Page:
Undergraduate Research Program

Cristian Swift

Major: Oceanography
Mentor: Gabrielle Rocap – School of Oceanography

Contact: cjswift@uw.edu

Current research project: The Hybrid Cluster Protein’s Role in Low-Light Prochlorococcus Ecotype Located in the Eastern Tropical North Pacific


Cristian is a freshman in Oceanography at the University of Washington. Having started research at the Ocean Research College Academy (ORCA) in Everett, Washington, he gained a love for oceanography and is exploring the many disciplines within. Here at the University of Washington, he is working with Gabrielle Rocap at the Rocap lab of biological oceanography, investigating proteins of marine bacteria. He is also preparing for a federal internship with the National Oceanic and Atmospheric Administration (NOAA) in summer 2021, preparing him to present at national conferences. Cristian is especially interested in eliminating the racial disparities found in oceanography, participating in the Diversity, Equity, and Inclusion (DEI) committee in the School of Oceanography.


Translate your work so that we can all understand its importance
I am focusing specifically on the Hybrid Cluster Protein (HCP) found in Prochlorococcus that inhabits oxygen deficient zones because of the uniqueness of the protein for the ecotype and the importance of this phytoplankton. Prochlorococcus are the most numerically abundant photosynthesizer on the planet; the low light ecotype in question has an ability to produce nitrous oxide, a greenhouse gas more potent than carbon dioxide, and can destroy the ozone layer, likely due to its HCP. It has also been shown that marine oxygen deficient zones have been increasing in size, causing concern because this would lead to increased production of potent greenhouse gases such as nitrous oxide. Investigating this protein in Prochlorococcus could lead to a better understanding of marine greenhouse emissions.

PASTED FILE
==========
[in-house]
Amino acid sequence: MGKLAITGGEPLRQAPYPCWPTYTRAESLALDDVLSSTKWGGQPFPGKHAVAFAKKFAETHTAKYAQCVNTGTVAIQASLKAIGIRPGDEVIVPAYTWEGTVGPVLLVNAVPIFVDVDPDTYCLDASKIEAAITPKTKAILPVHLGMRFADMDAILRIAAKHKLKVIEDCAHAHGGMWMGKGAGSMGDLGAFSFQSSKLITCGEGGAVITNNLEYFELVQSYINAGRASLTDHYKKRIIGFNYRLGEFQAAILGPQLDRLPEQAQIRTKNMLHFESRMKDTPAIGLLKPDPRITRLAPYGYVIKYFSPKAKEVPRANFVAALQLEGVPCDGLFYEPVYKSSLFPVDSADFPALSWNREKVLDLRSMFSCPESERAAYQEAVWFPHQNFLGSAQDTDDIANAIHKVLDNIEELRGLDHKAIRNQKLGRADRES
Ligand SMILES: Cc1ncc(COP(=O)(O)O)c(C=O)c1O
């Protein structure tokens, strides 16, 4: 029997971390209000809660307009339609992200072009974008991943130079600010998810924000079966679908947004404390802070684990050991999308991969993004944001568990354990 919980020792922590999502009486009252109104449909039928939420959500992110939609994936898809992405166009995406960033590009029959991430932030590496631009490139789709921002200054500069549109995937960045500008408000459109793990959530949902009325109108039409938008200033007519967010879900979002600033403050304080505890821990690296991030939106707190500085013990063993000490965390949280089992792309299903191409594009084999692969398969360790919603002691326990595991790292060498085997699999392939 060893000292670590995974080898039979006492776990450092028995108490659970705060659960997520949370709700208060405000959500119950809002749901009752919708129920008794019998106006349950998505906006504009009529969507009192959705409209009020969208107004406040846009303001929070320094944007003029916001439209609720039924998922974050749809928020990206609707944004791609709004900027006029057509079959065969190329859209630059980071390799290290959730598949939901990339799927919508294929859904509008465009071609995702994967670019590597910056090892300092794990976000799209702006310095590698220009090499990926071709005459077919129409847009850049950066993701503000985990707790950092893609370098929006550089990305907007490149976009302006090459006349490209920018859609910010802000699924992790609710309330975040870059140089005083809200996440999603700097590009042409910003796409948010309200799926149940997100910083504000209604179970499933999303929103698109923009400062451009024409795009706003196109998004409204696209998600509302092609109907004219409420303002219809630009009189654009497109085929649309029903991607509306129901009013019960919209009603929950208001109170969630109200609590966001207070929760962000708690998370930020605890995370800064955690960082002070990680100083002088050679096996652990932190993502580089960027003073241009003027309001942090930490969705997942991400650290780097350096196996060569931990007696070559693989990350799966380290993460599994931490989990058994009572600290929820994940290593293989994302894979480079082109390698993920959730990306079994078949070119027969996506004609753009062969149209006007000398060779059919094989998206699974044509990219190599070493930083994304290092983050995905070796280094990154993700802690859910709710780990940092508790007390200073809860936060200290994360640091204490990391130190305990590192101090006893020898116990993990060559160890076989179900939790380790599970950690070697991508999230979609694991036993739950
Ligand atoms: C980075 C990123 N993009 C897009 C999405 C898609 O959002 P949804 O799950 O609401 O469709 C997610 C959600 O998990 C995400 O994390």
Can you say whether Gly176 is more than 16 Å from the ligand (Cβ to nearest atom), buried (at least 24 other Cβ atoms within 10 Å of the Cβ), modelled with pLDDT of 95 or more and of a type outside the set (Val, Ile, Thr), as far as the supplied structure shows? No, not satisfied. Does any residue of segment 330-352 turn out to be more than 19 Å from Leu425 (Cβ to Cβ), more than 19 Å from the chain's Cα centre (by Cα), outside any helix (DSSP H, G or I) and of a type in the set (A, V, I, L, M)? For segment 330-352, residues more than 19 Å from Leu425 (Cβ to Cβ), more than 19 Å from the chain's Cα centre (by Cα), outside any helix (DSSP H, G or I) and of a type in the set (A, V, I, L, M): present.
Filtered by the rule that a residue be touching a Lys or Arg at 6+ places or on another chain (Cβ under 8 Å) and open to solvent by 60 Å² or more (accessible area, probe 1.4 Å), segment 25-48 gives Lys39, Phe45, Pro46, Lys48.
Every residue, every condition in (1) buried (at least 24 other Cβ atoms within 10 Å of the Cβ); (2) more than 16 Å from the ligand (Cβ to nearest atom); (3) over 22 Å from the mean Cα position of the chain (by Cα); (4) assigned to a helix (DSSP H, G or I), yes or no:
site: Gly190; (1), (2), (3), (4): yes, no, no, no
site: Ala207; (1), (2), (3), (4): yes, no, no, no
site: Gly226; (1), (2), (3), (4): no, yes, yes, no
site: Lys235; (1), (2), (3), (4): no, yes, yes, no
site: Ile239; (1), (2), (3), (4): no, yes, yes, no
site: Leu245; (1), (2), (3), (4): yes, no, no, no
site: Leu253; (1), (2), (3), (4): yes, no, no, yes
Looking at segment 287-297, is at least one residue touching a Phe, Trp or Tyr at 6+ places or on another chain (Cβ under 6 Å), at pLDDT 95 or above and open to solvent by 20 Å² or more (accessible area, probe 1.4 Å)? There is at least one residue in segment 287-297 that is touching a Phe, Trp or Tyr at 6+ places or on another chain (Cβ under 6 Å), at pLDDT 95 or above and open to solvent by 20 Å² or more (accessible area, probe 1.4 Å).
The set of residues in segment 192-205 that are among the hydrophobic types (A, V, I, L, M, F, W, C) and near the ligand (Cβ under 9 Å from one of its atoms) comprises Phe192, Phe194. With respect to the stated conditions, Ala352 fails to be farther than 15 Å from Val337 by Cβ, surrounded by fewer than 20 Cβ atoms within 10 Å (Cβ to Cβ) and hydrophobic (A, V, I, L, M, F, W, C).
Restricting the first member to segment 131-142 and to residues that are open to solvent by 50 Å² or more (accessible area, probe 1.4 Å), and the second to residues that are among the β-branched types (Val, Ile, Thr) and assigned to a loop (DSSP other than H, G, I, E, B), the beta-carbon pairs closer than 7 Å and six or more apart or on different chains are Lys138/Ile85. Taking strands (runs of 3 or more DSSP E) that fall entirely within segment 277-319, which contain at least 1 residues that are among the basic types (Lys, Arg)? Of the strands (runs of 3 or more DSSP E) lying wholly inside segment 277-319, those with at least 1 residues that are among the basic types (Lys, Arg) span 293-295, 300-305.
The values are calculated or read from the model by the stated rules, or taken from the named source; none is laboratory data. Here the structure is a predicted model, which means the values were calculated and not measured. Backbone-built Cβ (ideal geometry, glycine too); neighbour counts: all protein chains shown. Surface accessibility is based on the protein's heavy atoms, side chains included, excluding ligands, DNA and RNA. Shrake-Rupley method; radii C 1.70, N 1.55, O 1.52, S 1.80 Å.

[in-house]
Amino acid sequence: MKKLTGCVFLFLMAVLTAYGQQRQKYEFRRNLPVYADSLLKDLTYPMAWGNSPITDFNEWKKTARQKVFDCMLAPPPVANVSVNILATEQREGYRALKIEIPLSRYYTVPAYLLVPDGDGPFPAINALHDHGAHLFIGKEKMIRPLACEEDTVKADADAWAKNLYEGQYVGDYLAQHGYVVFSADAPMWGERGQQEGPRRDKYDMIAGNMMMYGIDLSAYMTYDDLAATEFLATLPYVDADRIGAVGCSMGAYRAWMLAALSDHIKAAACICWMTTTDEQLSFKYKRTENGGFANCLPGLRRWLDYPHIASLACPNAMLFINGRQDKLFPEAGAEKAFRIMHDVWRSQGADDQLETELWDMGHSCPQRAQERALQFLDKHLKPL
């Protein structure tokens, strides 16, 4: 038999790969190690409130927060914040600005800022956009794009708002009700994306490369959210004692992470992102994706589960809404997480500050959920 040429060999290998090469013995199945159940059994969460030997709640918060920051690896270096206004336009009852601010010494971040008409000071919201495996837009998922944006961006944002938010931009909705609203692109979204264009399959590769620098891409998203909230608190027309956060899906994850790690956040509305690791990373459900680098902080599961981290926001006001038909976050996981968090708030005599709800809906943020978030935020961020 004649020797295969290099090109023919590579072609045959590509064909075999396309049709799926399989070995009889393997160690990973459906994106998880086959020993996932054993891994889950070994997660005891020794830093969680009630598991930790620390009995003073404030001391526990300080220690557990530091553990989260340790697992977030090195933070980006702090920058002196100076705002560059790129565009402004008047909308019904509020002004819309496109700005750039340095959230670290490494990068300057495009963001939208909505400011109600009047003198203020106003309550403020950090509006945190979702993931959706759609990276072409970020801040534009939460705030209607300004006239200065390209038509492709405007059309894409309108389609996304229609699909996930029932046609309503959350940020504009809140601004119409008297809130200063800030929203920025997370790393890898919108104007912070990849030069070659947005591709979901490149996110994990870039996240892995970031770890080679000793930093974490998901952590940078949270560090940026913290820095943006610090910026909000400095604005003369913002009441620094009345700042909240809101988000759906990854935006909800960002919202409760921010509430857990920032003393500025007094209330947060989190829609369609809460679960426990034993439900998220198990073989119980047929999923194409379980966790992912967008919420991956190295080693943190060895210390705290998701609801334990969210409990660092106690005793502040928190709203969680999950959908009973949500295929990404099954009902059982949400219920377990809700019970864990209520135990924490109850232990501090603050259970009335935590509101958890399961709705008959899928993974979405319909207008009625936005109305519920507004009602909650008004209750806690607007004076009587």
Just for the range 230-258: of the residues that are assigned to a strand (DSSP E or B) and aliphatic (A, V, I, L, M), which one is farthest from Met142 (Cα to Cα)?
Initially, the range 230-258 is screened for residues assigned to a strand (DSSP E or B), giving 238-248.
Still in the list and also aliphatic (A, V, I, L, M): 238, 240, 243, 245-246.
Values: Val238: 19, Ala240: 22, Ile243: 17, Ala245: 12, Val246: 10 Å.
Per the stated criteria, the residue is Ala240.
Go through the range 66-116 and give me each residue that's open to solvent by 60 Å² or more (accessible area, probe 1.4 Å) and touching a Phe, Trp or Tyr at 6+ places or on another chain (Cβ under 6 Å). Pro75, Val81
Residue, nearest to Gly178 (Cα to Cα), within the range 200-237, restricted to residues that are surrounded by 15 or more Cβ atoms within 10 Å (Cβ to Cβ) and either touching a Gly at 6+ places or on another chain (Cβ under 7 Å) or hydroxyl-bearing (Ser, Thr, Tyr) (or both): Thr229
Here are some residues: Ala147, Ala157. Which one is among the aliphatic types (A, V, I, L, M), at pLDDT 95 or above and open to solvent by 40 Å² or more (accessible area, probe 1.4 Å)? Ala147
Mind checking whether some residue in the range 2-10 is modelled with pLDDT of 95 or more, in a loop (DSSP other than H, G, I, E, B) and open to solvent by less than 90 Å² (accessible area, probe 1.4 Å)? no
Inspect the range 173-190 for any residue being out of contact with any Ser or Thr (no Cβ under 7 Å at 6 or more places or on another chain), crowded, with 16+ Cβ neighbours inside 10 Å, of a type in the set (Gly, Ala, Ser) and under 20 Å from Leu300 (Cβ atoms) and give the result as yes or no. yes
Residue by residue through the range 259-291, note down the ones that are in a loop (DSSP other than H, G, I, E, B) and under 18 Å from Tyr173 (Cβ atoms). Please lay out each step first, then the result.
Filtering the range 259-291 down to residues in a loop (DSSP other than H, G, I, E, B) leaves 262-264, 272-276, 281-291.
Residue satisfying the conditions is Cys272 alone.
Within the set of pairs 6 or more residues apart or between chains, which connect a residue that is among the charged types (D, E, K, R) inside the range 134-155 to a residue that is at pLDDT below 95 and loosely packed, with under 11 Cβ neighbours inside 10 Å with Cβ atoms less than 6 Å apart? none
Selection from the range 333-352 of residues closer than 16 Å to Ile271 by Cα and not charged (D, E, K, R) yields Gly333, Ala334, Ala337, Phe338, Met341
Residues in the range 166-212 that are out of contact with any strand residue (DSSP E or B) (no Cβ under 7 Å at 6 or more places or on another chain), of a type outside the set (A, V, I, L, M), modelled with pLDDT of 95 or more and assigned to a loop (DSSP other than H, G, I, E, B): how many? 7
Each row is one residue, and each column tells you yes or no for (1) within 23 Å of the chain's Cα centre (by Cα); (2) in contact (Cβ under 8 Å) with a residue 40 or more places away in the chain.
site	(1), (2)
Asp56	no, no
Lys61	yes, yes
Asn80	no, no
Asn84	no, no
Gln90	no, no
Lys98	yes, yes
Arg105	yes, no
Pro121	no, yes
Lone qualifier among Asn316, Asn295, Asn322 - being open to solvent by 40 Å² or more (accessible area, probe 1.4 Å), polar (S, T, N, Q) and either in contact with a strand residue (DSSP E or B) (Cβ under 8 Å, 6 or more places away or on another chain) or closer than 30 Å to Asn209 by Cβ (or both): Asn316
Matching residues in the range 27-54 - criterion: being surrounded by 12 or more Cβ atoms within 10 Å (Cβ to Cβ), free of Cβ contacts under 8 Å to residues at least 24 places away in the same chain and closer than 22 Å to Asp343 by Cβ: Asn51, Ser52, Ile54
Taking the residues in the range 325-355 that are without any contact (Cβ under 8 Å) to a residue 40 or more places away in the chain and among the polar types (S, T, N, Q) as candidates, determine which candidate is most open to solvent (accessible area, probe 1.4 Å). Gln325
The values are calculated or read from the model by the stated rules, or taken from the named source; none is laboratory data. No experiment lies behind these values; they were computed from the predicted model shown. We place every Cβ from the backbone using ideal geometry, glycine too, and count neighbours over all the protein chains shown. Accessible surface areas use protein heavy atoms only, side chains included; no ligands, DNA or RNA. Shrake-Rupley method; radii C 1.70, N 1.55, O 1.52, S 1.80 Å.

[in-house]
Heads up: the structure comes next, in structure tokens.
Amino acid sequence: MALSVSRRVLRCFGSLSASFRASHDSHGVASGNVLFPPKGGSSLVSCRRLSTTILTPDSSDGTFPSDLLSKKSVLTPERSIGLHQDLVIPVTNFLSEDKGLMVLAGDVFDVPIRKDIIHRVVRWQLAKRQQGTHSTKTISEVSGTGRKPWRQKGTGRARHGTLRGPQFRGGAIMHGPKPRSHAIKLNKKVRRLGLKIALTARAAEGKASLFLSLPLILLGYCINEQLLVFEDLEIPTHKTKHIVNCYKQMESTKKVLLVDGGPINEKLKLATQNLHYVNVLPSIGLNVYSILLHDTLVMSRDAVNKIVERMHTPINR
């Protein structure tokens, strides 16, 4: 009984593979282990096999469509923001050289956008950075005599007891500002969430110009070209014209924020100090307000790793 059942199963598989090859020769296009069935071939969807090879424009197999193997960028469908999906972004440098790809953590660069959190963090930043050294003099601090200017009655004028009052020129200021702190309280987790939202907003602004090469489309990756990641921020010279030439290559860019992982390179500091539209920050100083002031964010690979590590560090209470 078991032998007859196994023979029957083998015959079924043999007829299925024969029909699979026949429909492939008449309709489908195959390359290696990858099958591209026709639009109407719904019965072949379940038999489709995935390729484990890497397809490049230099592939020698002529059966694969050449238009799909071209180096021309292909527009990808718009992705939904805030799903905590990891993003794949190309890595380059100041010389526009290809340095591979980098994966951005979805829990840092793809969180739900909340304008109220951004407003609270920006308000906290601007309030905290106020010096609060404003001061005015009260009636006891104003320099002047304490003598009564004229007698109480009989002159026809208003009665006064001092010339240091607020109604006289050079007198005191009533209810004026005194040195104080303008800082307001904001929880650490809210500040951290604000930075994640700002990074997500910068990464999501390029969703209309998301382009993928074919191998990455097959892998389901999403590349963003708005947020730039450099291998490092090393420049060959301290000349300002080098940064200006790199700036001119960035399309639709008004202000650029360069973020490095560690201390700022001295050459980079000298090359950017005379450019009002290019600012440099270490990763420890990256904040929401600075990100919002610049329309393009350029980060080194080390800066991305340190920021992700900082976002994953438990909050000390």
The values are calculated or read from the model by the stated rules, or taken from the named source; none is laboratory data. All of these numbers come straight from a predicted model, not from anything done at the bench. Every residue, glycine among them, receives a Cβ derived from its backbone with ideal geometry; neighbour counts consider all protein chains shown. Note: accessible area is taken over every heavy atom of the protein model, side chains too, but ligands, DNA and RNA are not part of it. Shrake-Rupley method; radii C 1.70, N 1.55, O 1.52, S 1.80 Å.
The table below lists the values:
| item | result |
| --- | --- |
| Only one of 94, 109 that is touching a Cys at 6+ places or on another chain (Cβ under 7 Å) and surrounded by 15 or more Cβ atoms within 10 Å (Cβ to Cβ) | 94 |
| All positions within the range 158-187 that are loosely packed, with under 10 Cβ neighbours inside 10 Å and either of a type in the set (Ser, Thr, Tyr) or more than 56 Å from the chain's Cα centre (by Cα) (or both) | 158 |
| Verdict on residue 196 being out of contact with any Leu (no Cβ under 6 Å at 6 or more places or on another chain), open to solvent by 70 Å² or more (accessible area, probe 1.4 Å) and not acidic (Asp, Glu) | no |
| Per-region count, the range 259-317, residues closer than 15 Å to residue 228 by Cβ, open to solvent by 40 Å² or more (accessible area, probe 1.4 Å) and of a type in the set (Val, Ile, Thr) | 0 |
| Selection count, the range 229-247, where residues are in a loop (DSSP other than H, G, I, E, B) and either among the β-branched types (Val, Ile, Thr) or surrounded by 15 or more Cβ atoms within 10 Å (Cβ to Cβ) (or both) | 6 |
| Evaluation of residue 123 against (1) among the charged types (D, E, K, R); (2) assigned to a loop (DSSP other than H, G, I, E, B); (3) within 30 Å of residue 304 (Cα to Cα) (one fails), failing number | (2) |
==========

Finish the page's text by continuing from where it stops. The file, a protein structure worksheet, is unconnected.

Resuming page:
When, how, and why did you get involved in undergraduate research?
I started undergraduate research at the Ocean Research College Academy (ORCA) sophomore year of high school within the running start program. There I did three group research projects investigating tides, heavy metals, and salinity. In the summer of 2019, I had my first internship in a Nation Science Foundation-sponsored program called GEOPATHS, where I conducted my first independent research project. I focused on marine heatwaves over a ten year period, learning programs such as R studio and excel along the way. From there, I have continued to chase new opportunities in oceanographic research leading me to UW.


What advice would you give a student who is considering getting involved in undergraduate research?
Start slow. It can all catch up with you quickly with school, research, other academic activities, social life, and a job (if applicable) can be overwhelming if all done at once or too sudden. Start reaching out to people in lab positions, like the URLs, and network to get you where you want to be. Reaching out is the first step; make sure to maintain and grow connections, and you’ll be doing original research in no time.